THE stars above Sussex are disappearing, a conservation group claims.

More than half of people living in the county can no longer see a sky full of stars from their homes, a study by the Campaign for the Protection of Rural England’s (CPRE) Sussex arm found.

A nationwide star count was carried out in February, which asked people to count how many stars they could see in the constellation of Orion.

It discovered that 53.4 per cent of people surveyed in East and West Sussex suffered from “severe light pollution”.

The Argus:

Most people from the county who took part said they could see fewer than ten stars, the marker for severe light pollution, while 21 per cent could see fewer than six stars.

CPRE and the British Astronomical Association’s Commission for Dark Skies believe local councils have the power to give people better views of the night sky.

CPRE chief executive, Crispin Truman said: “We’d like to see councils adopting better policies in local plans to tackle light pollution and protect and enhance our darkest skies.

“There are straightforward steps councils can take, in consultation with local people, that don’t just reduce light pollution but save energy and money too.”

The Argus:

But one astronomer has said that light pollution has plummeted during the UK lockdown. Robin Durant, chairman of the, Adur Astronomical Society, has snapped a series of stunning shots in recent months and said he had been enjoying clearer skies with fewer cars on the road and planes in the sky.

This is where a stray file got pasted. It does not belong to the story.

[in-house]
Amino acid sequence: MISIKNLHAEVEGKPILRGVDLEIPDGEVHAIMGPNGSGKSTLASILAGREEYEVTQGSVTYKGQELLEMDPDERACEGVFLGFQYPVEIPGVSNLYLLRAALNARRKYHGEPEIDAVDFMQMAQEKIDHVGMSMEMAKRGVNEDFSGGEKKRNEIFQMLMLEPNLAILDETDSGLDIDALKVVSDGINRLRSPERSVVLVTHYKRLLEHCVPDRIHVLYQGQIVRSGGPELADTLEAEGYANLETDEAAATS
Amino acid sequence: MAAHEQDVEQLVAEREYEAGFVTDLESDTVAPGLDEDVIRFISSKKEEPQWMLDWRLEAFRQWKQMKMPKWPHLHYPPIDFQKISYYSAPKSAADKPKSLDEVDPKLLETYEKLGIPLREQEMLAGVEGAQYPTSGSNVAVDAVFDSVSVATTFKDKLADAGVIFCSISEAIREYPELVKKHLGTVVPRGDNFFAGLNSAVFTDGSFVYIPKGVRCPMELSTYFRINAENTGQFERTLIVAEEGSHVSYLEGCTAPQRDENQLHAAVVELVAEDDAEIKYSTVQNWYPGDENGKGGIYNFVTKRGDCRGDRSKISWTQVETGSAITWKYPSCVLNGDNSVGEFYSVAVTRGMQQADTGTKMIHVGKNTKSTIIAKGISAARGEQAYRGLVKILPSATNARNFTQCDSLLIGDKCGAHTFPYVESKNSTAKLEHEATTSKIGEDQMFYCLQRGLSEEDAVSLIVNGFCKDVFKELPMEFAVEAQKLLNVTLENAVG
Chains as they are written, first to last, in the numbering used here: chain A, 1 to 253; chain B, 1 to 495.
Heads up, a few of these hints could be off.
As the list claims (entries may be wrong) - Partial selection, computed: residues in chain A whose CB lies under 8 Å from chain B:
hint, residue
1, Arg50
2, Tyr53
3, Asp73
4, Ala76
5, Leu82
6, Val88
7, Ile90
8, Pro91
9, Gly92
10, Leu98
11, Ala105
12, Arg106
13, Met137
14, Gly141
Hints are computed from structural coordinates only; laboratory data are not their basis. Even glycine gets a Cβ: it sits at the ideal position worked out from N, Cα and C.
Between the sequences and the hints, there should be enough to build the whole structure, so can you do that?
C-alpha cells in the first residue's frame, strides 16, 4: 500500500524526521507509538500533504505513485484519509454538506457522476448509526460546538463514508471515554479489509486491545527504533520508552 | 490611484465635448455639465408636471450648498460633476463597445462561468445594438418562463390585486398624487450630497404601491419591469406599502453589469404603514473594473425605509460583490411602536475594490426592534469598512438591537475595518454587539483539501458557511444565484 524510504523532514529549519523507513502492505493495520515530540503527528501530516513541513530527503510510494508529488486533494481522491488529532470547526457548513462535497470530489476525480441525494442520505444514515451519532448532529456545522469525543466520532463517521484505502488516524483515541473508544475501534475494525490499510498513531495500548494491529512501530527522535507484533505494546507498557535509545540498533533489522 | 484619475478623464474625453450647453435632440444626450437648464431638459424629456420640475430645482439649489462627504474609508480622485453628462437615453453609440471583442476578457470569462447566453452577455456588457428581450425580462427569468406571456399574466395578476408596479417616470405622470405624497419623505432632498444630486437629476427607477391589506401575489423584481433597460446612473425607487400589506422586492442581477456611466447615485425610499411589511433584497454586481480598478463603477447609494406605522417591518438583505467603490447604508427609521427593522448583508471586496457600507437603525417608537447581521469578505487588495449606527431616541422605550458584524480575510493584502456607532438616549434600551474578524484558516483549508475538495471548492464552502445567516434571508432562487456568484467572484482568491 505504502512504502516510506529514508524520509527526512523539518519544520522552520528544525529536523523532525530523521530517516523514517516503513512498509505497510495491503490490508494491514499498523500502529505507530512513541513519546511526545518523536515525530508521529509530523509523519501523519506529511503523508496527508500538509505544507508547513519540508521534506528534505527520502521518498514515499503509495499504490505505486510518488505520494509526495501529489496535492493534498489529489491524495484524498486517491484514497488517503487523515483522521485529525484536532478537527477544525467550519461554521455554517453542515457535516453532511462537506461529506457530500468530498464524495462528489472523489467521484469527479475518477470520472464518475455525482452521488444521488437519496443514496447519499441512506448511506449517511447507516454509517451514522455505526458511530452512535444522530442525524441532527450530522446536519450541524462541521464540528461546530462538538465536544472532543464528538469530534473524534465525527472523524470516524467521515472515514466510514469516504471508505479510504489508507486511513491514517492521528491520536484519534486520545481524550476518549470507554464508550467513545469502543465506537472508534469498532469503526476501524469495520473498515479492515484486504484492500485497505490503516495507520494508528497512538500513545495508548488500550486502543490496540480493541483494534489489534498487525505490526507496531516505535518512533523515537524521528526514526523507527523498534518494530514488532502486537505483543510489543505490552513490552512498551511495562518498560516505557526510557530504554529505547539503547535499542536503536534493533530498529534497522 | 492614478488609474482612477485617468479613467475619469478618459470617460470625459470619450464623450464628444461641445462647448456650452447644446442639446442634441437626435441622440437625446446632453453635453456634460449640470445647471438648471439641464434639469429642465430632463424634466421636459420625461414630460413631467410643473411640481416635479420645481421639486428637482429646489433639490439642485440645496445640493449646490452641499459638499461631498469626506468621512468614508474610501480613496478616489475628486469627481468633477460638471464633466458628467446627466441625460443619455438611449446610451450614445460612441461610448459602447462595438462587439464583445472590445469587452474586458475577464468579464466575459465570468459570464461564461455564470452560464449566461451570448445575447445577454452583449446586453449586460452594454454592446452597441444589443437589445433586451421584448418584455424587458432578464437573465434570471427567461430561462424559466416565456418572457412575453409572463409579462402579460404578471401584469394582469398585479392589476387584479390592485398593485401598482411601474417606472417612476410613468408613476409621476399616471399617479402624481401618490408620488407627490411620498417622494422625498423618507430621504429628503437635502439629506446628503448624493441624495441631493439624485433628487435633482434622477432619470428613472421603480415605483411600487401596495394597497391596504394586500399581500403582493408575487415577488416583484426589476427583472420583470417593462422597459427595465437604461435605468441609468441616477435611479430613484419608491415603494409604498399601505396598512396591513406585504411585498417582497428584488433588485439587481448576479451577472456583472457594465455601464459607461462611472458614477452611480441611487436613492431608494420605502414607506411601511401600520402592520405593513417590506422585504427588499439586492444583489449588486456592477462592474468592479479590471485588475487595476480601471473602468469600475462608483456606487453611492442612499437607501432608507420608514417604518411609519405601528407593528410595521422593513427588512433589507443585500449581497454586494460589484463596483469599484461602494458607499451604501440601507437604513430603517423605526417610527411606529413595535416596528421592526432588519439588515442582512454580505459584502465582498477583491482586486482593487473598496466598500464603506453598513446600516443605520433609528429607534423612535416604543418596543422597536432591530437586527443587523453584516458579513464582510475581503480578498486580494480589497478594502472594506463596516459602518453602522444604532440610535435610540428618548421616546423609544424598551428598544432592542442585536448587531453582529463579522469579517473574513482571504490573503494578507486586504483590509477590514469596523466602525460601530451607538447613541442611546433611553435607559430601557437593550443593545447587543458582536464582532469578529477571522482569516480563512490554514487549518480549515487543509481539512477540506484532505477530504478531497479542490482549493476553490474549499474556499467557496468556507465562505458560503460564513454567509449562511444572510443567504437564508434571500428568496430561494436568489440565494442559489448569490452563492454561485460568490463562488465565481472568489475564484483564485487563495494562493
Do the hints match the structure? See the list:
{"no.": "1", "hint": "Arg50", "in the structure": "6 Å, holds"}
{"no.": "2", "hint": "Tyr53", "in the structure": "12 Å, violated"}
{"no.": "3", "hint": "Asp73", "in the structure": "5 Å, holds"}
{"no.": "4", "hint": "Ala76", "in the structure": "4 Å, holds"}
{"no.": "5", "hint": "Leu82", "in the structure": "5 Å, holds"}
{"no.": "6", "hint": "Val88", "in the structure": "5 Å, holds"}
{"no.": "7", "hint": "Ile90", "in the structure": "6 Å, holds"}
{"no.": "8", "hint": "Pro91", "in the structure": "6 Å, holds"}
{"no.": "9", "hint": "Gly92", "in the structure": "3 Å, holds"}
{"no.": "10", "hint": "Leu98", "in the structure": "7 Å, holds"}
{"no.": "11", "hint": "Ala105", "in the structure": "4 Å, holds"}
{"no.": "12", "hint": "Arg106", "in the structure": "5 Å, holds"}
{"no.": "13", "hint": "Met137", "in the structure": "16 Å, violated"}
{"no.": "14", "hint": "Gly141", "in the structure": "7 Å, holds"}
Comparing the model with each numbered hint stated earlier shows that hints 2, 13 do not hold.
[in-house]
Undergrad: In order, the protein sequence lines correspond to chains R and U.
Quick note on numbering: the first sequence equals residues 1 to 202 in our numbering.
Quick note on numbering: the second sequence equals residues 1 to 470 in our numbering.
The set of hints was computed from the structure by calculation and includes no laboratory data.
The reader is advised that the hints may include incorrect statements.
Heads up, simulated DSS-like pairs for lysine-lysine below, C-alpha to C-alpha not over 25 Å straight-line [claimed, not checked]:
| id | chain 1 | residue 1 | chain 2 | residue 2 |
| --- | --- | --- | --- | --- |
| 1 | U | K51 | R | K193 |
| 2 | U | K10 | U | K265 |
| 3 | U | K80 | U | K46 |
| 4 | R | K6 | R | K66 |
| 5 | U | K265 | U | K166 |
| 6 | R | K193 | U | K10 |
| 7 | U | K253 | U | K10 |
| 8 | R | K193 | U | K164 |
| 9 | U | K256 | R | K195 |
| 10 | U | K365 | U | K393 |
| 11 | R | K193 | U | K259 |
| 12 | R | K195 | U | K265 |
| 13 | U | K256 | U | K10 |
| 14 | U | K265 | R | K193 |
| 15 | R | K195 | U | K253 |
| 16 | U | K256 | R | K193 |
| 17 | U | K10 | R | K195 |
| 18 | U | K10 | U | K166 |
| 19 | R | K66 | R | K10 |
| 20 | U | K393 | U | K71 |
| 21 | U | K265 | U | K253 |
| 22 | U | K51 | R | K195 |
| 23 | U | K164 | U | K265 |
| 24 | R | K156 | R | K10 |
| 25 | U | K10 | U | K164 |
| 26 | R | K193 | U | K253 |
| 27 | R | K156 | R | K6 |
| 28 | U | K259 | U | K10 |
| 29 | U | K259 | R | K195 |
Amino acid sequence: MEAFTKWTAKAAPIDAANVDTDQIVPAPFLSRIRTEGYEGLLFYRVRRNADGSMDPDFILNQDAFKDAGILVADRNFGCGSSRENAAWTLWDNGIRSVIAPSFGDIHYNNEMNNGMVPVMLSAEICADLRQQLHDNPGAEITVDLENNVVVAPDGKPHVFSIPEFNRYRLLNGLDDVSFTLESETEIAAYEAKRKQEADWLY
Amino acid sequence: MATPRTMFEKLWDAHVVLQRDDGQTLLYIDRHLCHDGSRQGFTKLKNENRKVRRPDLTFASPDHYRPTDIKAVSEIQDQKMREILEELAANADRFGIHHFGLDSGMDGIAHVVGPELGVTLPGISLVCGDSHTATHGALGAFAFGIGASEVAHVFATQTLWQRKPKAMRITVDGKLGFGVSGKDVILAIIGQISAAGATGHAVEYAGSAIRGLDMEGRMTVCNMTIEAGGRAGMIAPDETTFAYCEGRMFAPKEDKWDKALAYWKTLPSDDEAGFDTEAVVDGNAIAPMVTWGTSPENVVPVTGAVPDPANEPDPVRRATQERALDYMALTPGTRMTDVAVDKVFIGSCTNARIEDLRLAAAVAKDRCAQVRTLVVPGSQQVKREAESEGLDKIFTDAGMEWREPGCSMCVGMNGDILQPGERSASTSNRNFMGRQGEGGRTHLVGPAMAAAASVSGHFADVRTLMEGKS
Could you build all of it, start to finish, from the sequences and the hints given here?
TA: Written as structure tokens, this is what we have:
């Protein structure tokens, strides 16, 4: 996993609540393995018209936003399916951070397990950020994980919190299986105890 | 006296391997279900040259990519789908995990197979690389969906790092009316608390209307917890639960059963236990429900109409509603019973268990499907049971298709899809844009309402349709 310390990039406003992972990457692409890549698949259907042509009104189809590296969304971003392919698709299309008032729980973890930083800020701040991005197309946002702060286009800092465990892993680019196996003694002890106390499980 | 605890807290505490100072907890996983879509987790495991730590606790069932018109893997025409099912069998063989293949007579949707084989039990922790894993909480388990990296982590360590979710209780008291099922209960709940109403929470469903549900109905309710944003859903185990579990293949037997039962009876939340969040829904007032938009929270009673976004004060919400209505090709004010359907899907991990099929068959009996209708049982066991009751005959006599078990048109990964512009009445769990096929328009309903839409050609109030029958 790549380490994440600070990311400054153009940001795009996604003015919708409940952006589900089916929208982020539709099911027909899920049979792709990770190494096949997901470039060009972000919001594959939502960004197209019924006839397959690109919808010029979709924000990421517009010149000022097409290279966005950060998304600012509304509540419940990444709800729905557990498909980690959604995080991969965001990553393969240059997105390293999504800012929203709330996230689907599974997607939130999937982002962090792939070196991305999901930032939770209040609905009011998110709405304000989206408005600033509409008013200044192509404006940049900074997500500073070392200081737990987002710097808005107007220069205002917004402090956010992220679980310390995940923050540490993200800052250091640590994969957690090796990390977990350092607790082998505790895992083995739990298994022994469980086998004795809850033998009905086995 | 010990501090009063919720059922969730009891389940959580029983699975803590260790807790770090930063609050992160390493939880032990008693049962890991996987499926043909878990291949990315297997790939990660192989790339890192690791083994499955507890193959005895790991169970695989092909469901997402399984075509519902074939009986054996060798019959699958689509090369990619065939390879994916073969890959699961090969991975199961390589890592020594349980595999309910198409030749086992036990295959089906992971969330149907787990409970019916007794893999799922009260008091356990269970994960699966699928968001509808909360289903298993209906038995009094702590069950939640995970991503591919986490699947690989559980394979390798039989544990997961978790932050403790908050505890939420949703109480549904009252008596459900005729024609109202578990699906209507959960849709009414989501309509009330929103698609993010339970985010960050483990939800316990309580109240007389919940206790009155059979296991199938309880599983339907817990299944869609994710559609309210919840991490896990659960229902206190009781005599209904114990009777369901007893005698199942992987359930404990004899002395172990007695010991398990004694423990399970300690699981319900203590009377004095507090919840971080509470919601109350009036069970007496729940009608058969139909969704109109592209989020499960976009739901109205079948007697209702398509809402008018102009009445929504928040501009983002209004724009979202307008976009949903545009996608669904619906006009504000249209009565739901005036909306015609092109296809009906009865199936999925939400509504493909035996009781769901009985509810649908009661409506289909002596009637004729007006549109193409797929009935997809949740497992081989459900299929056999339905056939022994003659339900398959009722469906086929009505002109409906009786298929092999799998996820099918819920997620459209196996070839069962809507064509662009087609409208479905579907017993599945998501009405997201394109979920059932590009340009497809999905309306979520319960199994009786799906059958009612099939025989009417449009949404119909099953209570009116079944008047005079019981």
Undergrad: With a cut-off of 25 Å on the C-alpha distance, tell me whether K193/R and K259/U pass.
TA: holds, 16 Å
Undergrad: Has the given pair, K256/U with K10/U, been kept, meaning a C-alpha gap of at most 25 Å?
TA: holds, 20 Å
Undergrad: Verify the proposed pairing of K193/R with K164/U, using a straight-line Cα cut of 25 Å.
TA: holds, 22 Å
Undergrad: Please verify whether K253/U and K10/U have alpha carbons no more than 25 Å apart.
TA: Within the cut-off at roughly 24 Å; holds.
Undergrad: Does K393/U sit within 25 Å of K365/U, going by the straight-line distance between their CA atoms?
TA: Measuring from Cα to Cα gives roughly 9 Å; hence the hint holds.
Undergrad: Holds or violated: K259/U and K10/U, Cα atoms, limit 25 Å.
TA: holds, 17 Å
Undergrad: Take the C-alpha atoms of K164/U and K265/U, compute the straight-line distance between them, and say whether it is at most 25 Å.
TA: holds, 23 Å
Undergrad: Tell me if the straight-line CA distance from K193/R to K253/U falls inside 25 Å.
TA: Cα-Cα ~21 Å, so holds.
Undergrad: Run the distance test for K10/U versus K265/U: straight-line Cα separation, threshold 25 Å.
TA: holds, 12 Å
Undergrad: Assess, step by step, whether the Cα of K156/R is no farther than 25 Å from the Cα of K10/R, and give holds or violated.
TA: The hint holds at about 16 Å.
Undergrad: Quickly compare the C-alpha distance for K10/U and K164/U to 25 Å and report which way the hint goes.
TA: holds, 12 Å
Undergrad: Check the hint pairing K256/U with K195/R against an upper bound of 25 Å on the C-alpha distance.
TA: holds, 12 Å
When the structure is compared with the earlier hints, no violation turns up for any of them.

Further positives can be taken from the fact that, in the CPRE study, 71 per cent of those surveyed in Sussex who recorded an abundance of stars lived in the county’s protected areas – many living in the High Wield.

The South Downs National Park is also an International Dark Sky Reserve.

It was awarded the title in 2016.

The Argus:

These are areas which have an “exceptional or distinguished quality of starry nights and nocturnal environment that is specifically protected for its scientific, natural, educational, cultural, heritage and public enjoyment”.

A spokesman for the International Dark Sky Association said: “Reserves consist of a core area meeting minimum criteria for sky quality and natural darkness and a peripheral area that supports dark sky preservation in the core.

“Reserves are formed through a partnership of multiple land managers who have recognised the value of the natural night-time environment through regulations and long-term planning.”